Things have changed a lot over the past couple of years in the smartphone space. Where once Nokia and Sony Ericsson (the two examples that I will use that illustrate the point – there are undoubtedly others) lead the way in high-end consumer mobiles, now they hardly get a second glance, being overpowered solely by Apple and Google’s offerings.
The touch effect
The big change that I saw as being a deciding factor in this shift of balance was the implementation of the touchscreen interface. Nokia and SE just didn’t ‘get it’, opting to bolt on touch capabilities to their existing platforms (Symbian), which just didn’t work. When Apple came along with the first iPhone, the OS had been written entirely from scratch for use solely by fingers. They were so confident in their implementation that they didn’t even provide a physical keyboard. Apple put their own vision first, and what people were understood to be wanting second, and created a whole new experience.
I remember so many people, including Steve Balmer (Microsoft CEO), saying the iPhone will never take off because of the lack of a physical keyboard. They thought that because people at the time ‘wanted’ a physical keyboard, that was the only way to do it. What they failed to understand is that people unintentionally define what they want by what is available, and so by providing a viable, better, alternative, Apple changed what people wanted and expected from a phone. The music industry is another really good example of this philosophy – the latest pop sensation isn’t a result of people neutrally choosing between all available music – it is the result of extensive and well thought-out marketing campaigns by record labels. They tell us what we want to listen to, and we then think that’s what we want to listen to.
The Apple ‘experience’
Nokia and Sony Ericsson have failed to keep up with the smartphone developments, and I put this down to an institutional inability to think outside of the box and confidently take a gamble with design. They saw a touch interface as a ‘bonus’, whereas to Apple it was at the heart of the entire phone’s design. This is a massive difference in approach, and one that Apple really excels in. To Nokia, a phone has features. To Apple, a phone has an experience. This is something I’ve come to learn about Apple – everything about the iPhone is carefully considered as part of the overall experience. And I mean everything.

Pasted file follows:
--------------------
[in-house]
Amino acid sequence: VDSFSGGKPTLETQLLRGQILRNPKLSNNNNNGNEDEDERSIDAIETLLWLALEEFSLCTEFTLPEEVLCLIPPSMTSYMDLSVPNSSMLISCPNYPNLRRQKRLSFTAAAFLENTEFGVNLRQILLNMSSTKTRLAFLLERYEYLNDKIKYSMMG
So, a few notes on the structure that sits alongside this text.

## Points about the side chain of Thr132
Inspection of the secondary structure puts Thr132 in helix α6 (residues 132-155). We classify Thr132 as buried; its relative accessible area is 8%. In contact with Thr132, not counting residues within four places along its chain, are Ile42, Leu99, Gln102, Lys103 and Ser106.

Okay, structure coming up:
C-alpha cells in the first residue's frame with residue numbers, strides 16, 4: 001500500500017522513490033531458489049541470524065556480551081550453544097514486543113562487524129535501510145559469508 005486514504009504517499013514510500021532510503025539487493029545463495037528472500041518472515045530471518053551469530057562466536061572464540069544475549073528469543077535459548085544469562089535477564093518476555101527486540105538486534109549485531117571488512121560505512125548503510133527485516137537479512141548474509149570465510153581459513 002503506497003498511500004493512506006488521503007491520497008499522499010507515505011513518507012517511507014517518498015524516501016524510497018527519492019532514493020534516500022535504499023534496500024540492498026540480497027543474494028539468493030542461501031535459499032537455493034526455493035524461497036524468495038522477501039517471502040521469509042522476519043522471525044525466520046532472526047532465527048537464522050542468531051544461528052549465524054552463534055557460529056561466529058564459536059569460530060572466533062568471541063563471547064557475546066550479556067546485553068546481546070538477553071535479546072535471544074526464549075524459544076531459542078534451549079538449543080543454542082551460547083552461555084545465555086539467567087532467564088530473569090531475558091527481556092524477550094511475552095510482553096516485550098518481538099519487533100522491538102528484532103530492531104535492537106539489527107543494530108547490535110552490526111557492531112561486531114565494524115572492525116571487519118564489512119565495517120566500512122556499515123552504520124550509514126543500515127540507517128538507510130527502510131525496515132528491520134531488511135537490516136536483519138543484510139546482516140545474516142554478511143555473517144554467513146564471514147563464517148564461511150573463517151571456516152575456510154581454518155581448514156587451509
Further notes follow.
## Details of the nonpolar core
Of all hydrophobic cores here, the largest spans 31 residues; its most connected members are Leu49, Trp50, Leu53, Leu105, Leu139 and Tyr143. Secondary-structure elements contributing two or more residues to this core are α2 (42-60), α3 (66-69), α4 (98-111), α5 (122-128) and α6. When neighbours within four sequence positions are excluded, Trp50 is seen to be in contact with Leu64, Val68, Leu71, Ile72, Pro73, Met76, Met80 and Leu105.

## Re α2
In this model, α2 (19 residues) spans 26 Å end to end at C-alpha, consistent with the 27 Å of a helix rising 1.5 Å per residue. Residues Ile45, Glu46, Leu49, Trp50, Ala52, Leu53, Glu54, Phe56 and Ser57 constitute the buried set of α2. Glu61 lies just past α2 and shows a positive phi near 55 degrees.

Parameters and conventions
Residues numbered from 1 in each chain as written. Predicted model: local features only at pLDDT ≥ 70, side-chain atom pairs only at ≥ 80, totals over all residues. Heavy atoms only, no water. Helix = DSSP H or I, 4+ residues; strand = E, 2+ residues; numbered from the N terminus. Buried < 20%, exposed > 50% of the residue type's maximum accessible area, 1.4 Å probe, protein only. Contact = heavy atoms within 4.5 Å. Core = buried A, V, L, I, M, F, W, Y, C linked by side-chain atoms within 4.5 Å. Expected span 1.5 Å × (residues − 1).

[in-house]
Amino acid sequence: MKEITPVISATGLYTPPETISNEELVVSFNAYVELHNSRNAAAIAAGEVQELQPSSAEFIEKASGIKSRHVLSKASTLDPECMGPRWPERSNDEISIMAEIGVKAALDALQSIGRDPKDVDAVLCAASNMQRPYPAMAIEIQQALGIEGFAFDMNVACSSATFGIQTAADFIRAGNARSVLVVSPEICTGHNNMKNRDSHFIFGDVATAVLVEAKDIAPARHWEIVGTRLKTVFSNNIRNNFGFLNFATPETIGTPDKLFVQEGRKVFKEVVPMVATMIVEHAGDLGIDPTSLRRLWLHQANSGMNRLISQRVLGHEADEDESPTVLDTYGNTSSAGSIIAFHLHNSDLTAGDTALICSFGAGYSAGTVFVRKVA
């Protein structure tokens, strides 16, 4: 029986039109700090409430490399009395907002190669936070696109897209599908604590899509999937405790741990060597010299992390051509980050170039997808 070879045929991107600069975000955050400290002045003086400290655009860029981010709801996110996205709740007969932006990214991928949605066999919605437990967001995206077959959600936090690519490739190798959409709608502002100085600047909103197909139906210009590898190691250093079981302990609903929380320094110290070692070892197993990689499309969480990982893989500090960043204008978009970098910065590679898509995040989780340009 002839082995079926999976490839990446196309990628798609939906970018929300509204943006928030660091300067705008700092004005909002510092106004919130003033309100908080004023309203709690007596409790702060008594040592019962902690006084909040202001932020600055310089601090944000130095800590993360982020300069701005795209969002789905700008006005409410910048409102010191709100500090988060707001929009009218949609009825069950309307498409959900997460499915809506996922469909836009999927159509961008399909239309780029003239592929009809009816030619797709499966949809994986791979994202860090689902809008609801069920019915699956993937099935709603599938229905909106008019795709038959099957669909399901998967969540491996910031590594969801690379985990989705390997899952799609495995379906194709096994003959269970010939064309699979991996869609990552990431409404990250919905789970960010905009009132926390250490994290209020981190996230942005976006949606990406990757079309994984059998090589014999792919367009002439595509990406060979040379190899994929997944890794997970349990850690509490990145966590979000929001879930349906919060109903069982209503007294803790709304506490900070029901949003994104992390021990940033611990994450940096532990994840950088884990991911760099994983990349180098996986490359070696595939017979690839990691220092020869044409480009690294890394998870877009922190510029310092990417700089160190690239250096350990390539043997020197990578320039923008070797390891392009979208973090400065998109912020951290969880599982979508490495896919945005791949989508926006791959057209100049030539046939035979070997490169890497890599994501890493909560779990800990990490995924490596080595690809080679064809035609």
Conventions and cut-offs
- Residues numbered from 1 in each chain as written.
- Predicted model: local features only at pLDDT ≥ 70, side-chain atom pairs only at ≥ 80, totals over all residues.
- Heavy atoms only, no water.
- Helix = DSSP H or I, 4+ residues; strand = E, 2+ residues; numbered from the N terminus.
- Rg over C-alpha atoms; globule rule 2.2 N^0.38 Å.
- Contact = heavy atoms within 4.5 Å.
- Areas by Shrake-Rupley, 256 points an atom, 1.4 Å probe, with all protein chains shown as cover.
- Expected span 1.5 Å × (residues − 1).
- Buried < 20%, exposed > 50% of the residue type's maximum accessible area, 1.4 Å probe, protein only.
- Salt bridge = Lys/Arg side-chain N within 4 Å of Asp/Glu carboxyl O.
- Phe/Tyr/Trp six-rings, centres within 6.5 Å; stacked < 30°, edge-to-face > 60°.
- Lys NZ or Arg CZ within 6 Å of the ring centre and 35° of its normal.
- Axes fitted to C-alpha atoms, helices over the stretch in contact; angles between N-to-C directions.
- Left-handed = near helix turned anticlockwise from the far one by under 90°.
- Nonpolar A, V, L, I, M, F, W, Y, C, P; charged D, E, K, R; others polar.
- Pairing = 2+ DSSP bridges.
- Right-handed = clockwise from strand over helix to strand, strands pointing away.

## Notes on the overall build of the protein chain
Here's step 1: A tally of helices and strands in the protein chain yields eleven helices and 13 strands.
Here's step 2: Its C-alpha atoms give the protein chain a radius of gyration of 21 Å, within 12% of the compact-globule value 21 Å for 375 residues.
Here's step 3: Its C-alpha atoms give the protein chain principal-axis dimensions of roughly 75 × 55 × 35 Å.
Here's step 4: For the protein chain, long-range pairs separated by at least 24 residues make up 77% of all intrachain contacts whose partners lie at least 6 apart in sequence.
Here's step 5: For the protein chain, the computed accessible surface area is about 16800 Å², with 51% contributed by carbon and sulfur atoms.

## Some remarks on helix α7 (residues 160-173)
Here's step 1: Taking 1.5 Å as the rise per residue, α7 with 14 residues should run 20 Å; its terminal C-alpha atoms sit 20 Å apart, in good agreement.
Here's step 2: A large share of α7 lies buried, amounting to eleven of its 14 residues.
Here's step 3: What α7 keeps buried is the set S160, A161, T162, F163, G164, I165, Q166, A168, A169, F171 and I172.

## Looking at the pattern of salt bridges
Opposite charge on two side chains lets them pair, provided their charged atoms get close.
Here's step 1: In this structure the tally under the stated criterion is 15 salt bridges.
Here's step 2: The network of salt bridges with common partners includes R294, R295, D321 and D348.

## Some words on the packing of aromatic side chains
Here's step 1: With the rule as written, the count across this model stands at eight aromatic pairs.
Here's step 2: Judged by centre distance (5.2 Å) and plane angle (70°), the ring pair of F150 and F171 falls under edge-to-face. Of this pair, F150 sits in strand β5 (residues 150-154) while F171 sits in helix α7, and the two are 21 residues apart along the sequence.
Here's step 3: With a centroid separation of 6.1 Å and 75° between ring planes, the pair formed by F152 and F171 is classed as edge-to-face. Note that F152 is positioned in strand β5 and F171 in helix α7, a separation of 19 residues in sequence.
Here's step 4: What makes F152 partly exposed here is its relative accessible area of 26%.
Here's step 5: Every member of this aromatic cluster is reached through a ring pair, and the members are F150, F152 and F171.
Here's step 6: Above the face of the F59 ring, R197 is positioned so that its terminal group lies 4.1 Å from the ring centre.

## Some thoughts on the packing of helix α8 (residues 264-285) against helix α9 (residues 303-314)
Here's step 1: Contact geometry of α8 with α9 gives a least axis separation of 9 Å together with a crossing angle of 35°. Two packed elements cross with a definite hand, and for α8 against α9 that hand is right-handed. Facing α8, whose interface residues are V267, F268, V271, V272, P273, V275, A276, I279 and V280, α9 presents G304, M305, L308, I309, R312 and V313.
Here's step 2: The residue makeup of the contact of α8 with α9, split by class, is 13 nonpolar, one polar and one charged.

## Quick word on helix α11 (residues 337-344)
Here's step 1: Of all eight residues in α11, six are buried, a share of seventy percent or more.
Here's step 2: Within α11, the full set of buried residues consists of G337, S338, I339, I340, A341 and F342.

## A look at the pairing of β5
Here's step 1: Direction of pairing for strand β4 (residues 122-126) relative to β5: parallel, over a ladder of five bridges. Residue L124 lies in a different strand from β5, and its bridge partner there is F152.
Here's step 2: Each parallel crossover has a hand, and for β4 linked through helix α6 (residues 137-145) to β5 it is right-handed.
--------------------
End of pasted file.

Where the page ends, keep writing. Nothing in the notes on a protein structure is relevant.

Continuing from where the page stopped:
The point is that by treating iPhone as a brand rather than a phone, and keeping the user experience so unbelievably simple and striking, they have enticed people who otherwise would not have even considered a ‘smartphone’. This is what separates them from the likes of Nokia and Sony Ericsson – people who aren’t interested in phones will buy an iPhone without even thinking they are buying a smartphone. Smartphones aren’t cool, iPhones are. Google’s Android is trying hard, and slowly succeeding, to become ‘a brand’ in order to reach this market. Nokia aren’t even trying.
Can Nokia or Sony Ericsson catch up? At the time of writing, Nokia are still sticking to their Symbian guns, whereas SE are adopting Android. I can understand how it would be hard for someone like Nokia to relinquish control of the UI, but at the same time, their UI doesn’t seem to be having the desired result. Similarly, Sony Ericsson have now lost a significant portion of their impact, the UI, and are now simply a hardware vendor like HTC, who are cleaning up in the Android scene at the moment. Microsoft are in hot pursuit with Windows Mobile 7 but have years of developer buy-in to compete against as it is a brand new OS. So it’s between Google, Apple and Nokia, and I don’t think Nokia stand a chance.